Peter Perrett: "Music is less dangerous to your health than other escapes"

a portrait of Peter Perrett
(Image credit: Steve Gullick)

Before his just-released new solo album, Peter Perrett’s last one came out in 1996. That’s a full 16 years after his final album with the Only Ones, the seditionaries who blazed a brief, brilliant trail across the post-punk skyscape, best known for their era-soundtracking 1978 single Another Girl, Another Planet.

Decades of drug addition served to numb his creative spirit, but the now clean-living Perrett has finally returned with How The West Was Won. Reassuringly, it shows that his songwriting chops are intact, along with his dry wit, sharp lyricism and sneery drawl.

How come you finally made a solo album?

I did four gigs in the summer of 2015. The physical aspect of rehearsing for those shows meant that I was playing guitar again and my mind was back in a place where it was capable of being creative. So I wrote a couple of new songs and it just sort of enthused me. The momentum started rolling from there.

Once you were up and running, did the songs start flowing again?

Absolutely. My output over the decades has been minimal, to say the least. So when I do do something, I want to do it to the best of my ability. Now I’ve got less distractions than I had earlier in life. Music is the only thing that really fills me with that driving passion. I’m fortunate to have it as an escape. It’s more benign and less dangerous to your health than other escapes. It’s something that can extend your life rather than shorten it.

You’re touring later this year, too.

In the seventies, and even when I was active for a couple of years in the nineties, playing live felt like an exorcism – all your inhibitions could be released on stage and it was very liberating. Nowadays I have to be much more reserved and concentrate on saving my breath and energy for singing.

The Only Ones reunited for some live shows back in 2007. Was that a conflicted time for you?

It was enjoyable because the fans were amazing and they made it almost like a religious experience. The only drawback was that my voice wasn’t great, because I hadn’t got myself physically healthy enough to do it justice. I’m very self-critical, and I wasn’t at the top of my game. If I’d had any capabilities of being able to exercise logic in the decision to re-form for those gigs, I would’ve said no to it, but I didn’t want to disappoint the people who’d been my brothers thirty years before. So it was a hard position to be in. I was using a steroid inhaler for my lung problems and, like most things, I used it to excess.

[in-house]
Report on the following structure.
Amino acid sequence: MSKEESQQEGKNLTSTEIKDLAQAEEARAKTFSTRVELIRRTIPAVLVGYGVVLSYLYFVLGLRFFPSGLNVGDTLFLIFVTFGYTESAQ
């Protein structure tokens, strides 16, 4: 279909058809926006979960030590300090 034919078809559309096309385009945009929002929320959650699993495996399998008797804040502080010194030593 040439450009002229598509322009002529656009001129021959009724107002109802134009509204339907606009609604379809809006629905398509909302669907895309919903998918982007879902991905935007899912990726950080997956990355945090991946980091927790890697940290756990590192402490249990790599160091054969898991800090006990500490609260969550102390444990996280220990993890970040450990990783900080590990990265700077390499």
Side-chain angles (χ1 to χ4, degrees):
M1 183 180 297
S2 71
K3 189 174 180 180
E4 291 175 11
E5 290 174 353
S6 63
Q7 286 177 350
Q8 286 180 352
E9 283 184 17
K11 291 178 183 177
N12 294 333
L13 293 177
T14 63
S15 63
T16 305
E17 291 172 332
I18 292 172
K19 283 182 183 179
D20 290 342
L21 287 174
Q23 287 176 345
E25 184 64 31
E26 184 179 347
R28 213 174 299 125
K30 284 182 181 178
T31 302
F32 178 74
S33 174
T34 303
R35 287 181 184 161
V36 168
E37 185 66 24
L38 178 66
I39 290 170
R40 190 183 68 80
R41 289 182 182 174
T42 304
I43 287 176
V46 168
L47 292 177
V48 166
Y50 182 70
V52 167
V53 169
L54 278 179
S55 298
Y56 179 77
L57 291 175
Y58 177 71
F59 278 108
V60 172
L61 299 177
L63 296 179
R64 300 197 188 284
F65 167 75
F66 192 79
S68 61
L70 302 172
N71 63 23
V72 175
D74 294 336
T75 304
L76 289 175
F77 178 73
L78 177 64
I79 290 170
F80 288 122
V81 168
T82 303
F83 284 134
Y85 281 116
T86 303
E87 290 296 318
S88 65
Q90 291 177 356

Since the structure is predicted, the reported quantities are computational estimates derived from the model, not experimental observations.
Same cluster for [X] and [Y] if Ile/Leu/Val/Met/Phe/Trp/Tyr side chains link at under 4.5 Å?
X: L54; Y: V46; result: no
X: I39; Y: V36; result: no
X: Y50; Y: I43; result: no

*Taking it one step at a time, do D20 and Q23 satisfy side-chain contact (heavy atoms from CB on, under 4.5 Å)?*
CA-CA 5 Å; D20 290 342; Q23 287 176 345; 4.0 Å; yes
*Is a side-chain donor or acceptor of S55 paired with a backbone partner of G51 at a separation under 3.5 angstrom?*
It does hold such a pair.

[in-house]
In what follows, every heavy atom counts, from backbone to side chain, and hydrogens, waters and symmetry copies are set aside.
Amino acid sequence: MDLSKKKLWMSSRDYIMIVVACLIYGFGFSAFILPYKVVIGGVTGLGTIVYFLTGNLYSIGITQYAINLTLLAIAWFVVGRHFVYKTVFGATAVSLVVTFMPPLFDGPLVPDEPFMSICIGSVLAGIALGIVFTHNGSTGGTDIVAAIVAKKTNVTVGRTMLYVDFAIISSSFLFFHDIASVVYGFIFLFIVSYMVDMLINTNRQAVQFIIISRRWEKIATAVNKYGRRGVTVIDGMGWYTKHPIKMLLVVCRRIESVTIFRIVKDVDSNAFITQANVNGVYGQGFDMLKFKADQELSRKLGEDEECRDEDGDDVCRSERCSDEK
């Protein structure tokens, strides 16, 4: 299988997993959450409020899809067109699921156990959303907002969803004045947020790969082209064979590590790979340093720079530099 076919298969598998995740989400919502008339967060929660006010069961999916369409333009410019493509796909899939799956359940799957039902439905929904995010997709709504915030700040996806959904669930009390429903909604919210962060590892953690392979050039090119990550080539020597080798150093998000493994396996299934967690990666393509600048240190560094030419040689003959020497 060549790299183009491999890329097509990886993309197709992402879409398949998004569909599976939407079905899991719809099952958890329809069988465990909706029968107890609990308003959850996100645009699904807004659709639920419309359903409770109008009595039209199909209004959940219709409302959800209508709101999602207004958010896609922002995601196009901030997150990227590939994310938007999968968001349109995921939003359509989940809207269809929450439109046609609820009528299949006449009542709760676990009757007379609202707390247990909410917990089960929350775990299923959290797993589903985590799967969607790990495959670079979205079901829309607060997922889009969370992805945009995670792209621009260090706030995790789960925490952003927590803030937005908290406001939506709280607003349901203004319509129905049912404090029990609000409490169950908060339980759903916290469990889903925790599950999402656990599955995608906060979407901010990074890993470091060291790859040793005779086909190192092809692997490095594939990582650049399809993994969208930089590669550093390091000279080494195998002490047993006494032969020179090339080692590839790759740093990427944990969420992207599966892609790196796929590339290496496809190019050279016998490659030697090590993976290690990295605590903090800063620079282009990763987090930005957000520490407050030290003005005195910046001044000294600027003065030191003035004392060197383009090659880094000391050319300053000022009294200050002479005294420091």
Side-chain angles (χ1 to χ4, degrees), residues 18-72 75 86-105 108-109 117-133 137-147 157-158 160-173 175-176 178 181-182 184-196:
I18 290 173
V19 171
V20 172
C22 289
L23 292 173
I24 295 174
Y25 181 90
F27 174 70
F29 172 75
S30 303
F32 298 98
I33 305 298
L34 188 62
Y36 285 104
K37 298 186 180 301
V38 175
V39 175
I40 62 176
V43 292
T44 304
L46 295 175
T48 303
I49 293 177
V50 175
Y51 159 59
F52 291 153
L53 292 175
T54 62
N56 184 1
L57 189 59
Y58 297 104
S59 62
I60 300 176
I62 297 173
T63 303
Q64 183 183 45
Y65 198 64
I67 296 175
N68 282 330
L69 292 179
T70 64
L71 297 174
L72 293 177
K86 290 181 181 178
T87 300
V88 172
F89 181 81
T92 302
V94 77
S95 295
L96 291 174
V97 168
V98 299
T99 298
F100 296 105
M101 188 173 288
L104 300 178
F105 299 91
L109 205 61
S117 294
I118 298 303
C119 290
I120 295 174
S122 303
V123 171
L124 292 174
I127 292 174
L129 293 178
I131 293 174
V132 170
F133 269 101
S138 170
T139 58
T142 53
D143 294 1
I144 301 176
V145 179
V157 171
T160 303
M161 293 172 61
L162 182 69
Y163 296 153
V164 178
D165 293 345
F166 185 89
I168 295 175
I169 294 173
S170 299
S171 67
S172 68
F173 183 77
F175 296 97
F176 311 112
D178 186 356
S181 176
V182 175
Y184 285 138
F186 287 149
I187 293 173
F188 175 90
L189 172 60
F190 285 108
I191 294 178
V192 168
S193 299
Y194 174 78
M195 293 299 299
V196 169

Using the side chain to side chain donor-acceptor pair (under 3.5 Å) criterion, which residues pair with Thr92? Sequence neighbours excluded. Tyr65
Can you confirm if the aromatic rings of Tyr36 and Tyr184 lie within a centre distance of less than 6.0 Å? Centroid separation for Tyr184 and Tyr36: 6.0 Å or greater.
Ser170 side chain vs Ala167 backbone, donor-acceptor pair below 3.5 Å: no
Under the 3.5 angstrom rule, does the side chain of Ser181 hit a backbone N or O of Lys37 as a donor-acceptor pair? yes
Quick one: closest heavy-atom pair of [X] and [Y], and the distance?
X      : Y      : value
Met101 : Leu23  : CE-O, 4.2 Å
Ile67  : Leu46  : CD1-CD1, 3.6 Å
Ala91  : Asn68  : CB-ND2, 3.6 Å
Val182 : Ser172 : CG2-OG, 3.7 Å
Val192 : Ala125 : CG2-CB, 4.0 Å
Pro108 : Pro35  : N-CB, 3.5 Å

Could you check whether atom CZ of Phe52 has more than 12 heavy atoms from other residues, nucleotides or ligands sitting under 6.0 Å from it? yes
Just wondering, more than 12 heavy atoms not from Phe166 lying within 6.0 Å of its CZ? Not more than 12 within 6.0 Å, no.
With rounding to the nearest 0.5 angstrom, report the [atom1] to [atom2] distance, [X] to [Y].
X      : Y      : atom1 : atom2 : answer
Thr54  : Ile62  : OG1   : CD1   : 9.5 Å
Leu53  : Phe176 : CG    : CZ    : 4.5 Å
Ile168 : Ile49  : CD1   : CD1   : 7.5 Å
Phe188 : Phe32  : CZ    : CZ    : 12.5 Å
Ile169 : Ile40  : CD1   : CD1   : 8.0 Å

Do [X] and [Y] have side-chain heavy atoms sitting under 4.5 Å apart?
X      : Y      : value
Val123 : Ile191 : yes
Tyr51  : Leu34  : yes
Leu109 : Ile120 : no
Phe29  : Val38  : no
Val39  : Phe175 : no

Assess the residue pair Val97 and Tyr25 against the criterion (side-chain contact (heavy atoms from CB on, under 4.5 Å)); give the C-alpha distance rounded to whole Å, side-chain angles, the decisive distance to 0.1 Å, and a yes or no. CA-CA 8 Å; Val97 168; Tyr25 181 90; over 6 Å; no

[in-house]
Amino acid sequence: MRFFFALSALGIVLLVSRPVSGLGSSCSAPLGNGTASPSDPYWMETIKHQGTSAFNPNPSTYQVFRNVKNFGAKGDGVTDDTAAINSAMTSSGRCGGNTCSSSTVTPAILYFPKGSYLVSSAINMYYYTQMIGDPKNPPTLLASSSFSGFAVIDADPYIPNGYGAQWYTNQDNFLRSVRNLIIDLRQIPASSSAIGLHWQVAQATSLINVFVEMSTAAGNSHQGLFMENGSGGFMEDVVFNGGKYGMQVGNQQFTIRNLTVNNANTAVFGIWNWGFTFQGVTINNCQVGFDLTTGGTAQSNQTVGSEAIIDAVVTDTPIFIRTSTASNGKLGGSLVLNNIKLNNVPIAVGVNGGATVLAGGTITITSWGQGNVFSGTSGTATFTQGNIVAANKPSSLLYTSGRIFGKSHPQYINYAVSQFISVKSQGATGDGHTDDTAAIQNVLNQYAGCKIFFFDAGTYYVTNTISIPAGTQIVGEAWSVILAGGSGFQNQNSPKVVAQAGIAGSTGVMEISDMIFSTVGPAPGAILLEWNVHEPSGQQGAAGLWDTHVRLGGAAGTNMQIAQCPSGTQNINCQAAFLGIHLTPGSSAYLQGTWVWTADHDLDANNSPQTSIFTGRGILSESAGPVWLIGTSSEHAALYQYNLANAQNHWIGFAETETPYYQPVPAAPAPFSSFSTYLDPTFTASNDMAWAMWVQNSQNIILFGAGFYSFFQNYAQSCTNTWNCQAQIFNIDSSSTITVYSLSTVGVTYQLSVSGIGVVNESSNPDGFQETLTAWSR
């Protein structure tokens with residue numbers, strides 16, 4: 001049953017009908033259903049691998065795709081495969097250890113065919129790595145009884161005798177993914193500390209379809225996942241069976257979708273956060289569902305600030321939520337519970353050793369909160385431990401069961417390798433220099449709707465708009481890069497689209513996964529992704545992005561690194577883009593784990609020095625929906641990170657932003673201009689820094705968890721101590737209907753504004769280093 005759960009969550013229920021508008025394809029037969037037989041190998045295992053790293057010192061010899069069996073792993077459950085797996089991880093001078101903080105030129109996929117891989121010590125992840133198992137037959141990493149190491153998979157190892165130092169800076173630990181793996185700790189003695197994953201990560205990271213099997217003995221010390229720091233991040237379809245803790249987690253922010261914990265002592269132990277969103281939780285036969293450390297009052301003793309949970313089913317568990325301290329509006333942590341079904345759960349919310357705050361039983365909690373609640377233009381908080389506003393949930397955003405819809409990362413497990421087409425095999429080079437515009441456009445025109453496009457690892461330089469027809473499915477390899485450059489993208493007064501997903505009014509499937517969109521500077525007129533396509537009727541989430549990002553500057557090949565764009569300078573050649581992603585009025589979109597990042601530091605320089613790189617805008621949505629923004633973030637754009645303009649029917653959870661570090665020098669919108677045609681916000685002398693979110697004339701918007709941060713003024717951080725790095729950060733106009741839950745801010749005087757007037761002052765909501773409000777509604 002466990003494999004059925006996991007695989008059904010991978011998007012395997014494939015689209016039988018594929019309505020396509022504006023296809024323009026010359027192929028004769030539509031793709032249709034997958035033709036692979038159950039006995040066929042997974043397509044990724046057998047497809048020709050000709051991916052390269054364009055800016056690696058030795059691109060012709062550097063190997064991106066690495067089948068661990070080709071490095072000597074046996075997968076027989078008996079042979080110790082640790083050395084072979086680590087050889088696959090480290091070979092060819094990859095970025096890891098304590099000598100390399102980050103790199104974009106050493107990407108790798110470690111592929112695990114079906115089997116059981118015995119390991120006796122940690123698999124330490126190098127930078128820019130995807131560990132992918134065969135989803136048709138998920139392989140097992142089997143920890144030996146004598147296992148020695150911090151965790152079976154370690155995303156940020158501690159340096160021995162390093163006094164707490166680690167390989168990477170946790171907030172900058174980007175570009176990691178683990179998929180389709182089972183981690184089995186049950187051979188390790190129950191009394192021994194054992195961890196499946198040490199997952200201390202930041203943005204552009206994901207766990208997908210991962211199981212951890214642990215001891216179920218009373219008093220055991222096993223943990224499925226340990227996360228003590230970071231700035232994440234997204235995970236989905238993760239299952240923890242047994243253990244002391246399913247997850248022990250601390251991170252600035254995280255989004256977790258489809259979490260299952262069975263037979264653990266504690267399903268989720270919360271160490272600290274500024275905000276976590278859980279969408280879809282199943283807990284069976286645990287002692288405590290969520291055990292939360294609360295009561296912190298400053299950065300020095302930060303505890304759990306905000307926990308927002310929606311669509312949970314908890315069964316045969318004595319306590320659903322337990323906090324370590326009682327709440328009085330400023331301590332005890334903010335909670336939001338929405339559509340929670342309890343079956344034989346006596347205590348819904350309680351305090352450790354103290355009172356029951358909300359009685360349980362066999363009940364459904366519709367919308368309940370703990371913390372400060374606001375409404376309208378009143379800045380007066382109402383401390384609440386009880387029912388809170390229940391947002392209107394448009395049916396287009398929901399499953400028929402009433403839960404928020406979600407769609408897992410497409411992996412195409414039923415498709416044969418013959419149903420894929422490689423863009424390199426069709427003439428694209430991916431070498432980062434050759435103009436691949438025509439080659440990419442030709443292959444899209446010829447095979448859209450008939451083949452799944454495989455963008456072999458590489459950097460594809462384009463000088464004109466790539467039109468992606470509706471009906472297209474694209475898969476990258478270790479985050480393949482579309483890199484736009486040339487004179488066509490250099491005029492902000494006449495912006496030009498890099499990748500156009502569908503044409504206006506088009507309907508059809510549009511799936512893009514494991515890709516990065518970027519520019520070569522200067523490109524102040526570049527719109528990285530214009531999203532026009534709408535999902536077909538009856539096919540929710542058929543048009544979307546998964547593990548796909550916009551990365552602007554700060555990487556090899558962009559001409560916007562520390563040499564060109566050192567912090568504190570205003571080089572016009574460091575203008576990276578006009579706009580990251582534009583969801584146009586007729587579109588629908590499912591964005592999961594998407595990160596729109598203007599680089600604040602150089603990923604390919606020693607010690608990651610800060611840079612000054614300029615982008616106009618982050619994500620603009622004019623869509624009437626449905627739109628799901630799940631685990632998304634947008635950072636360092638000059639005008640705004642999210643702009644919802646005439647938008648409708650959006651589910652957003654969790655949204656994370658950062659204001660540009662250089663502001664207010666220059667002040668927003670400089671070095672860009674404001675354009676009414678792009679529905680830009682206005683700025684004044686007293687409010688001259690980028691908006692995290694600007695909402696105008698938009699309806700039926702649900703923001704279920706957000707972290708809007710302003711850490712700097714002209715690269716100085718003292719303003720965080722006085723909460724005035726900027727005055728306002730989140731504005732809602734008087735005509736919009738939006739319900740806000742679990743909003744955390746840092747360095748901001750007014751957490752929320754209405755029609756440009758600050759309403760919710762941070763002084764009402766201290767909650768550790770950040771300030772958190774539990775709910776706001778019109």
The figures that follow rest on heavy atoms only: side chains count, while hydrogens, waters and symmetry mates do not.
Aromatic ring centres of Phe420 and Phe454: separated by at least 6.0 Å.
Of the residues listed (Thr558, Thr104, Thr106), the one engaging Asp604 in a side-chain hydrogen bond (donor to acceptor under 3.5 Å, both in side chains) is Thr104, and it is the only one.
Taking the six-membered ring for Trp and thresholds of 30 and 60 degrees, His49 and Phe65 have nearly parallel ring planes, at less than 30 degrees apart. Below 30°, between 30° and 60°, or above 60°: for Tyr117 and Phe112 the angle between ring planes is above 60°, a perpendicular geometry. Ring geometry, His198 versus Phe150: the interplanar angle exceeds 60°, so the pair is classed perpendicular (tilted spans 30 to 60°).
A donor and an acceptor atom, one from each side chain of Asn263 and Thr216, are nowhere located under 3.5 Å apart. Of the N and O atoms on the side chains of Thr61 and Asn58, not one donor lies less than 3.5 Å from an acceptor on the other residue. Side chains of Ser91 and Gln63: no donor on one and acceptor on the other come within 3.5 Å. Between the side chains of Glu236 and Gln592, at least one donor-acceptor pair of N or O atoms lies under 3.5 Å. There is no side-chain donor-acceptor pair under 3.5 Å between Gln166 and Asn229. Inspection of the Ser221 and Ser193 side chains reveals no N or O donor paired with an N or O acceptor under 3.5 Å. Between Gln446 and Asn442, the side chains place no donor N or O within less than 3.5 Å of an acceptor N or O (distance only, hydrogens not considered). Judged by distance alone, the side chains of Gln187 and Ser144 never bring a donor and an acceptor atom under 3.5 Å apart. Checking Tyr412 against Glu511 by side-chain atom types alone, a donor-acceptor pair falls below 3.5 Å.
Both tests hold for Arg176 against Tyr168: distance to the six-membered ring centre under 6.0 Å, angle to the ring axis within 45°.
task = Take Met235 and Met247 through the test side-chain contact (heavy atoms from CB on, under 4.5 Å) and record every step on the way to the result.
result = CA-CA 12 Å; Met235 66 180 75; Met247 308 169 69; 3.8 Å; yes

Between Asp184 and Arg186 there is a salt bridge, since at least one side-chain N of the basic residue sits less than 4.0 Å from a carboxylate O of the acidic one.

Are drugs definitely a thing of the past for you now?

Yeah, in every way. I knew that if I wanted to survive at all I had to change my lifestyle. After I gave up hard drugs I carried on smoking skunk, then took methadone for a while. But I gave up smoking anything six years ago because my lungs were suffering the most.

At the very last moment, you think about survival and any last will and testament. That’s the only reason why any urgency has taken over my psyche and I’ve been working hard to get things back together. I know there’s a limit to my time, that I’d better do things properly while I can. Thankfully I’m still here.

How The West Was Won is out now via Domino Recording Co.

Peter Perrett - How The West Was Won album review

Rob Hughes

Freelance writer for Classic Rock since 2008, and sister title Prog since its inception in 2009. Regular contributor to Uncut magazine for over 20 years. Other clients include Word magazine, Record Collector, The Guardian, Sunday Times, The Telegraph and When Saturday Comes. Alongside Marc Riley, co-presenter of long-running A-Z Of David Bowie podcast. Also appears twice a week on Riley’s BBC6 radio show, rifling through old copies of the NME and Melody Maker in the Parallel Universe slot. Designed Aston Villa’s kit during a previous life as a sportswear designer. Geezer Butler told him he loved the all-black away strip.